Dogs often have more than one name within their household. Hyde.
Most people understand dogs instinctively are protective of their territory and loved ones. It is their nature to warn you of danger, or protect you from what they perceive as harm. Most people also understand a dog will snap out of fear or pain. However, when aggressive behavior is sudden, or turned toward members of the household over food or bedding, it’s important to understand why and take control. This unaddressed behavior is what places many dogs into shelters and on the unadoptable list.
As pack animals, dogs instinctively follow a natural order. In the wild, a pack leader protects and directs his pack. He often postures his dominance to those lower in the ranks as a reminder. Generally, dogs are taught submissive behavior by their mothers. For example, if the puppies are playing too rough, she may roll them onto their backs. However, as adults, certain breeds are more domineering by nature, and if aggressive behaviors toward you are allowed, they instinctively see themselves as higher in the pack order. A domineering breed with a meek owner can be an unhealthy combination.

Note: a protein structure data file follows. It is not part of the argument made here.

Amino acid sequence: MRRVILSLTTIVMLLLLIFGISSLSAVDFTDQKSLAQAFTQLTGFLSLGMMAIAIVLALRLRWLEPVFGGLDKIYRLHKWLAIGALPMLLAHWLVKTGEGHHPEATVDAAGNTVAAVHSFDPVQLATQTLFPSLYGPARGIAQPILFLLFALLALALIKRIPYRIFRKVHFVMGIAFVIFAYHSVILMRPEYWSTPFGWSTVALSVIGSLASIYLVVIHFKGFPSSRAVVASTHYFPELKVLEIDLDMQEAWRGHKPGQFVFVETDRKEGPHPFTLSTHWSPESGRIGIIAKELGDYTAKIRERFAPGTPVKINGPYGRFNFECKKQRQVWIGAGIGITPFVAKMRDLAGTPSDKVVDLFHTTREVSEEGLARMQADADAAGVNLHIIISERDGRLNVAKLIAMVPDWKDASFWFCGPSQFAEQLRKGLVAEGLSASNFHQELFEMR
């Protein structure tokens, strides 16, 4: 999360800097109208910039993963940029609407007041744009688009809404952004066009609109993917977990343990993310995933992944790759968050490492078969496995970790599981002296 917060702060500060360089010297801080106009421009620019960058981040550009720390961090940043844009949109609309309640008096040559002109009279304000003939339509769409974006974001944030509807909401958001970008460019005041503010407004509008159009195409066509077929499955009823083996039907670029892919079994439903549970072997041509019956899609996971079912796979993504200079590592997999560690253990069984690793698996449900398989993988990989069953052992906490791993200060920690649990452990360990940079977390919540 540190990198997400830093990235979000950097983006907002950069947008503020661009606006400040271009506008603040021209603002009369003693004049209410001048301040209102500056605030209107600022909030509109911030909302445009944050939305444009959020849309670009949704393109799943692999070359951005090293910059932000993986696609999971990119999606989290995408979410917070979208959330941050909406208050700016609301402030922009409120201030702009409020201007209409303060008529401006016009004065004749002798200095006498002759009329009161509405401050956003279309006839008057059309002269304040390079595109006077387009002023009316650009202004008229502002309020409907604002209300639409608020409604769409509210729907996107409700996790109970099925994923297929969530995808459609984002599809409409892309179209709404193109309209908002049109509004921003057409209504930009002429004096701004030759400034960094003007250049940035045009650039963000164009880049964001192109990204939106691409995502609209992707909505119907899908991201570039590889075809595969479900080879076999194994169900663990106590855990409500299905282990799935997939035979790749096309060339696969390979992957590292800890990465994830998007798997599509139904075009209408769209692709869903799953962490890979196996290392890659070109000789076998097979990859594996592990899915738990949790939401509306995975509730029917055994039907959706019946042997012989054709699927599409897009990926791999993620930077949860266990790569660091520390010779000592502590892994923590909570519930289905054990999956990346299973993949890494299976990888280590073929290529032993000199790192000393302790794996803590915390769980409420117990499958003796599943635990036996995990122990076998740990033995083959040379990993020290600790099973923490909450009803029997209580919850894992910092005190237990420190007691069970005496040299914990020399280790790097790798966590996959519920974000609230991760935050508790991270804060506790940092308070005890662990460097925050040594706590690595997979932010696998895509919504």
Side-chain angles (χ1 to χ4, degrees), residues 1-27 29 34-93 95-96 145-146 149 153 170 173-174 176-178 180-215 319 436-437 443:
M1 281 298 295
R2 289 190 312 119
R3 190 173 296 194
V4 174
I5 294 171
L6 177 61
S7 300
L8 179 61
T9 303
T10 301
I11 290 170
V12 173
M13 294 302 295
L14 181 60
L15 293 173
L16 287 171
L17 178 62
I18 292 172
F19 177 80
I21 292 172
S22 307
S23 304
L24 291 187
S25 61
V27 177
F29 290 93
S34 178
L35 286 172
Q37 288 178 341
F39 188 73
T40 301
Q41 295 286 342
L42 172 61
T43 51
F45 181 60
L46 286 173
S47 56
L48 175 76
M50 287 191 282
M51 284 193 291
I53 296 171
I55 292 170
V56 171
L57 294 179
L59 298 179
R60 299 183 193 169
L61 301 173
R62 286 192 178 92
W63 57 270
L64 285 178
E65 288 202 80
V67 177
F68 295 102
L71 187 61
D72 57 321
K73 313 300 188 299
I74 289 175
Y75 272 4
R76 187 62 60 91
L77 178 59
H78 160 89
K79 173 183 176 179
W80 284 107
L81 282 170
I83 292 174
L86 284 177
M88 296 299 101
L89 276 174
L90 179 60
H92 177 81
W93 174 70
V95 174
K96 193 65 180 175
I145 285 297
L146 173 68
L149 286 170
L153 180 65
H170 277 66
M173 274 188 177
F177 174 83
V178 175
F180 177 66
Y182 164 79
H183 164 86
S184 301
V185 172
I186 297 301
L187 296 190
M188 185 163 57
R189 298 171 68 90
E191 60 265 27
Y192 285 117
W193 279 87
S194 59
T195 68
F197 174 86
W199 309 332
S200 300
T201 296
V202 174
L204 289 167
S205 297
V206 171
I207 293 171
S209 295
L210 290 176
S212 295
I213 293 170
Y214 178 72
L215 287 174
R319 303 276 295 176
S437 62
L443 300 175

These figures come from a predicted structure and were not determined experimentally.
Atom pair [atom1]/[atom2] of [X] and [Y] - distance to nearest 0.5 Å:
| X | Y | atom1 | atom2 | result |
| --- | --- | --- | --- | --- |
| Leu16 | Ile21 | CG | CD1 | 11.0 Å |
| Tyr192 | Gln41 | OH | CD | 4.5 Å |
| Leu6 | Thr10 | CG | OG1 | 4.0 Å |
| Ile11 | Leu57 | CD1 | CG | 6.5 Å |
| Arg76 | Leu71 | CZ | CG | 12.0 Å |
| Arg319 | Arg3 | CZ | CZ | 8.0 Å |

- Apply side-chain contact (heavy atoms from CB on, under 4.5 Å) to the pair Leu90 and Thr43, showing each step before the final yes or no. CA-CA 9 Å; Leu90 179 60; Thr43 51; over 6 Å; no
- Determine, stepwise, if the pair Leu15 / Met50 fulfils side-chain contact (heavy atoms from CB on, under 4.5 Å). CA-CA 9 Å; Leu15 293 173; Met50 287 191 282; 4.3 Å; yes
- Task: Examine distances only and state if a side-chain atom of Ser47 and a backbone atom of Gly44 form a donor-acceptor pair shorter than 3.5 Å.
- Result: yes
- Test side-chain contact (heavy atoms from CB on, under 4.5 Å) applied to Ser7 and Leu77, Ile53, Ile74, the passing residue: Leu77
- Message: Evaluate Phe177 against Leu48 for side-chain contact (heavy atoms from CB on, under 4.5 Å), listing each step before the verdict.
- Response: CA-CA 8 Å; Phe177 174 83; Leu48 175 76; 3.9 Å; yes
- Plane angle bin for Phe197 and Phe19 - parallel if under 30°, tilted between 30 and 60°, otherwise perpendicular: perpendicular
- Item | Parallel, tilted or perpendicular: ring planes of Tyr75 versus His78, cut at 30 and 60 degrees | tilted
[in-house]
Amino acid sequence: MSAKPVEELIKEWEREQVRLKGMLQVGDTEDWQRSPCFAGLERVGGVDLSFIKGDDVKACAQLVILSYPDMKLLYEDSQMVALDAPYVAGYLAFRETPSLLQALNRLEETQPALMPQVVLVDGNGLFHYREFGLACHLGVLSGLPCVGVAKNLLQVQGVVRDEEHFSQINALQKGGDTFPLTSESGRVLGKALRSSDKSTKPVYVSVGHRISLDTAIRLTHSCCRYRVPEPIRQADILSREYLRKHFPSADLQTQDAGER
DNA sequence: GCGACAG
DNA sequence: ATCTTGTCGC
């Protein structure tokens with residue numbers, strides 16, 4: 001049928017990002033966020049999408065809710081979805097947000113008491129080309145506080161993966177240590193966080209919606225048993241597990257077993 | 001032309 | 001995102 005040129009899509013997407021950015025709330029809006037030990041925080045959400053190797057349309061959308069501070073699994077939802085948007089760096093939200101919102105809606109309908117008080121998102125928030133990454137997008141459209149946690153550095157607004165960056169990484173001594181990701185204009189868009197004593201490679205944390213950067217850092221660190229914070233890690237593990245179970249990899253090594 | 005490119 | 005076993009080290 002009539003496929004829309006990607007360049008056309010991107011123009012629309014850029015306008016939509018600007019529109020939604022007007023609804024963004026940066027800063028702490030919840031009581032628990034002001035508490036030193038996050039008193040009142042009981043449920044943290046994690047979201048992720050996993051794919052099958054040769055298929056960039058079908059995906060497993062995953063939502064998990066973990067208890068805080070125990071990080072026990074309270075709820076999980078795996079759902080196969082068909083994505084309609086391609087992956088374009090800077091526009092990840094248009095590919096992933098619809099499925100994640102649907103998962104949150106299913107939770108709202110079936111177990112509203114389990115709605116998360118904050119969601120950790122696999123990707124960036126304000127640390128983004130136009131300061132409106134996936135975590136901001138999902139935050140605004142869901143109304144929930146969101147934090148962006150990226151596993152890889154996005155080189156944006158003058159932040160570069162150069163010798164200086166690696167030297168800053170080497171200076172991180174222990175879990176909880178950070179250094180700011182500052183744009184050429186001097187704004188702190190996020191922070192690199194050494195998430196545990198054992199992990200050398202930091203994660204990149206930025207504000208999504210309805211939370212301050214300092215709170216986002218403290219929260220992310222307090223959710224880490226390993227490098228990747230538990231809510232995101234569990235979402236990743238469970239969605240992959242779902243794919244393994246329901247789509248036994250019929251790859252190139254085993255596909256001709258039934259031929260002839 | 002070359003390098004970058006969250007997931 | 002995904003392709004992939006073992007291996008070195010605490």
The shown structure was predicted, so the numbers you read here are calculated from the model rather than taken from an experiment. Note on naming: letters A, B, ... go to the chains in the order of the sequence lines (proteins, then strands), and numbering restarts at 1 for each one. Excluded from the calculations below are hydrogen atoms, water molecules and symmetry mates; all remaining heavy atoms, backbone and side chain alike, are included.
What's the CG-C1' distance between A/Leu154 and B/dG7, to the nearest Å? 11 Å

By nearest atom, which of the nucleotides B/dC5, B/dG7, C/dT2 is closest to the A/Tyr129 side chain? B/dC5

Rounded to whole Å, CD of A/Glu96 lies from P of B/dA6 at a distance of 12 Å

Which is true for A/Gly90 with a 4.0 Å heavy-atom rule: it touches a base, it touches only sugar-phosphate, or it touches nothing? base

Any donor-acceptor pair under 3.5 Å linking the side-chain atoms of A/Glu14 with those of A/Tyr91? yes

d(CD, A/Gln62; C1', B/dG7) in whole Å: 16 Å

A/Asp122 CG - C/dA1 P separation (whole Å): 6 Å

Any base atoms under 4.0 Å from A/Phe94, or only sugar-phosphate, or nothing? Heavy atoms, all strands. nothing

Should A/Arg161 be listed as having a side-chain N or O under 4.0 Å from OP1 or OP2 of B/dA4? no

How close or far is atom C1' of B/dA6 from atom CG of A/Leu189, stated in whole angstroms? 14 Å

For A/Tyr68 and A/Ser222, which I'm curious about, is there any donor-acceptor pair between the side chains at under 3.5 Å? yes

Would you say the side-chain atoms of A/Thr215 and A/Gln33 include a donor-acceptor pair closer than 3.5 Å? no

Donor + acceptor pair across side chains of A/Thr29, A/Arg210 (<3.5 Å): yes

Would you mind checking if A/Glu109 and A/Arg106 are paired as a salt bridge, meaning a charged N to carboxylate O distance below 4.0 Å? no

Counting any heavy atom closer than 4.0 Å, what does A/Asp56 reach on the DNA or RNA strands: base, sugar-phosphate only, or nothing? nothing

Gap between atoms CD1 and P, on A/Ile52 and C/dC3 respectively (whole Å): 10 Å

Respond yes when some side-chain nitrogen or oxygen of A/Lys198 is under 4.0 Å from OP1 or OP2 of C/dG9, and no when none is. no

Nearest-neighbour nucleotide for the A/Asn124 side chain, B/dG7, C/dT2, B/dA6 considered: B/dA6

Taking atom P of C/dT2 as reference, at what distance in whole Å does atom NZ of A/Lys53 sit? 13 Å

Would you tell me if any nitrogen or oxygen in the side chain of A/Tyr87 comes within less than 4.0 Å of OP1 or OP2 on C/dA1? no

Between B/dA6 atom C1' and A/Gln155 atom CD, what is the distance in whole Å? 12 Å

It is not uncommon for shelter or rescue dogs to have a bad start to life. If you don’t know the details of your dog's history, learning what triggers his sudden behavior often is through trial and error. If his past abuser was a child or a particular gender, or even wore a certain color of shoes, these memories are imprinted and associated with pain.
What Can Be Done
Ruling out any contributing medical condition is the first step. Talk to your veterinarian. Spaying or neutering also is beneficial, especially in males, and don’t forget about proper exercise. Exercise not only releases pent up energy, but bonds them to you. If you know your dog isn’t good around men or children, avoid these situations, or put them in a separate room when you have guests. Also, talk to your vet about recommending a professional behaviorist or trainer.